"When I was a teenager, I was heavily into performance arts. I wanted to act and direct and studied hard to get good grades and did well in my theatre group.

"I’ve only seen my mum cry twice in my life, so when she broke down when she found out I was diagnosed it was really upsetting to see. I was also devastated because as an aspiring actress my face was the worst place I could get cancer. I thought that I wouldn’t be able to be an actress anymore because I looked unusual and no one would hire me.

I had my surgery in May 2017 and I was very self-conscious of how I looked afterwards as my cheek was still very swollen. I was told that I needed to wait more than a year to have further surgery, as everything needed time to repair itself.

"A little boy cried when he saw me and said, ‘what’s that?’ I adore kids so to have one afraid of me was upsetting. People would stare at me in the street and even people who had known me since I was born were uncomfortable looking me in the eye.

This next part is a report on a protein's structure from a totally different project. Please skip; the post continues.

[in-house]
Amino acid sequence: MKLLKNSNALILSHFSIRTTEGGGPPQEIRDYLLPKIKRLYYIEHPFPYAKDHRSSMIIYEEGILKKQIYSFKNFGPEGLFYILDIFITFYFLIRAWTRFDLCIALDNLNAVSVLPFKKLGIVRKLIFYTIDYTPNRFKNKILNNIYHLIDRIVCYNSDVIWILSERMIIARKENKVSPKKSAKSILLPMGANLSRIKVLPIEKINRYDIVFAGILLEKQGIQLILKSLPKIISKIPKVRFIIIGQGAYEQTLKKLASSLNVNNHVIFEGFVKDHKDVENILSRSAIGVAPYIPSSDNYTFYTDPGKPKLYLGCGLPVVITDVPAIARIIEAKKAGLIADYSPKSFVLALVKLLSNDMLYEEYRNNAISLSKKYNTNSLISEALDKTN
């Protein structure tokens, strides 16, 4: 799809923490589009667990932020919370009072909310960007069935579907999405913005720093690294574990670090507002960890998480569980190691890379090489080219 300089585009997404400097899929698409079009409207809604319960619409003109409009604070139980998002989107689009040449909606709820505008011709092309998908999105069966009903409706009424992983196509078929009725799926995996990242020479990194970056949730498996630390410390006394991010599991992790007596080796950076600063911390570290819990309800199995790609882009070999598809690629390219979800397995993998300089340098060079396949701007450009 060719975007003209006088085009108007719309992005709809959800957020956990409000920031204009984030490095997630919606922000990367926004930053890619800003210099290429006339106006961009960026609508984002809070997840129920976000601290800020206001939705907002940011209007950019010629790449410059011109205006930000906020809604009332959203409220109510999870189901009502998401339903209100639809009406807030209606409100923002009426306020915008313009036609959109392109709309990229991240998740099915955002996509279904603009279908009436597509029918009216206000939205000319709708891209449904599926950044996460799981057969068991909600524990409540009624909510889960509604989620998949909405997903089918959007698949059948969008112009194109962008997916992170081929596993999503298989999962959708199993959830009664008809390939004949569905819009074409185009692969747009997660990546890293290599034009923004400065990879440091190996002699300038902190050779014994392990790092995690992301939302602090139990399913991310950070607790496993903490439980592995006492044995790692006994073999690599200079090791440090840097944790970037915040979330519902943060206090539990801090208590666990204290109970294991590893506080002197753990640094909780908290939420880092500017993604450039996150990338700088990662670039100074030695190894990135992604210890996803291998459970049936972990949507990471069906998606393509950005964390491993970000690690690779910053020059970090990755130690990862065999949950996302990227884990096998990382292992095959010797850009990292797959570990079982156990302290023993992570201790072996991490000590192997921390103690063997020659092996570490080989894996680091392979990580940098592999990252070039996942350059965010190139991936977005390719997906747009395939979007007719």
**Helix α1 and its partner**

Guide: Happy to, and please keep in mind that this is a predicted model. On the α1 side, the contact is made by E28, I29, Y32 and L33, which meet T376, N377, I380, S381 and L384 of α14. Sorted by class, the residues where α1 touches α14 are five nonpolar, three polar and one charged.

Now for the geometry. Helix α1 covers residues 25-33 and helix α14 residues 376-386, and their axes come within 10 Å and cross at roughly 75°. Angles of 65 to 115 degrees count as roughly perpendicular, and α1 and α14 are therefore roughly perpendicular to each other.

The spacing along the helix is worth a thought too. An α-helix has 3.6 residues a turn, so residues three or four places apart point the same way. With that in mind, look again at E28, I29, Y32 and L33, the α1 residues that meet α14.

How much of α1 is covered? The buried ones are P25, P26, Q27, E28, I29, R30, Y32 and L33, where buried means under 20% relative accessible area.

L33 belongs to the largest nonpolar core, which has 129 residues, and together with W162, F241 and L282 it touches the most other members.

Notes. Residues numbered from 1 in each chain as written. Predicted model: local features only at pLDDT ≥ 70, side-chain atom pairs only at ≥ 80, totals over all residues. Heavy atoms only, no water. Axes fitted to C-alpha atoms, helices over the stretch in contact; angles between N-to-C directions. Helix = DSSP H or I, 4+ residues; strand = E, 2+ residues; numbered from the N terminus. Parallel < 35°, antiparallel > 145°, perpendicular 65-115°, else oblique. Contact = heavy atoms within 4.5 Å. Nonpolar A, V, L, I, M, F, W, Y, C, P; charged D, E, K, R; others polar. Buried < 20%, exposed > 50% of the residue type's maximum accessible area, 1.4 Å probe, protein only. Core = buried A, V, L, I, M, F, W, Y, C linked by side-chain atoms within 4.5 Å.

"It wasn’t until I went on a few residentials in 2018 that things started to turn around. I went to Teenage Cancer Trust’s Find Your Sense of Tumour event, I went on the Ellen MacArthur sailing trip and the CLIC Sargent music residential and tour. It was so liberating going on all these trips because no one asked inappropriate questions about my face, everyone was kind and caring and most of all I felt accepted regardless of what I looked like.

"My confidence has grown so much, and it made those closest to me proud because they had seen how far I’ve come. I’ve decided I’m not going to put my dream of being an actress on hold. I think everything happens for a reason and I want to inspire other people to continue doing what they love even if they face adversity."

"I’ve found a new identity now, and I’m just trying to find a new version of myself who’s stronger and more independent."

Tips and advice about cancer and body image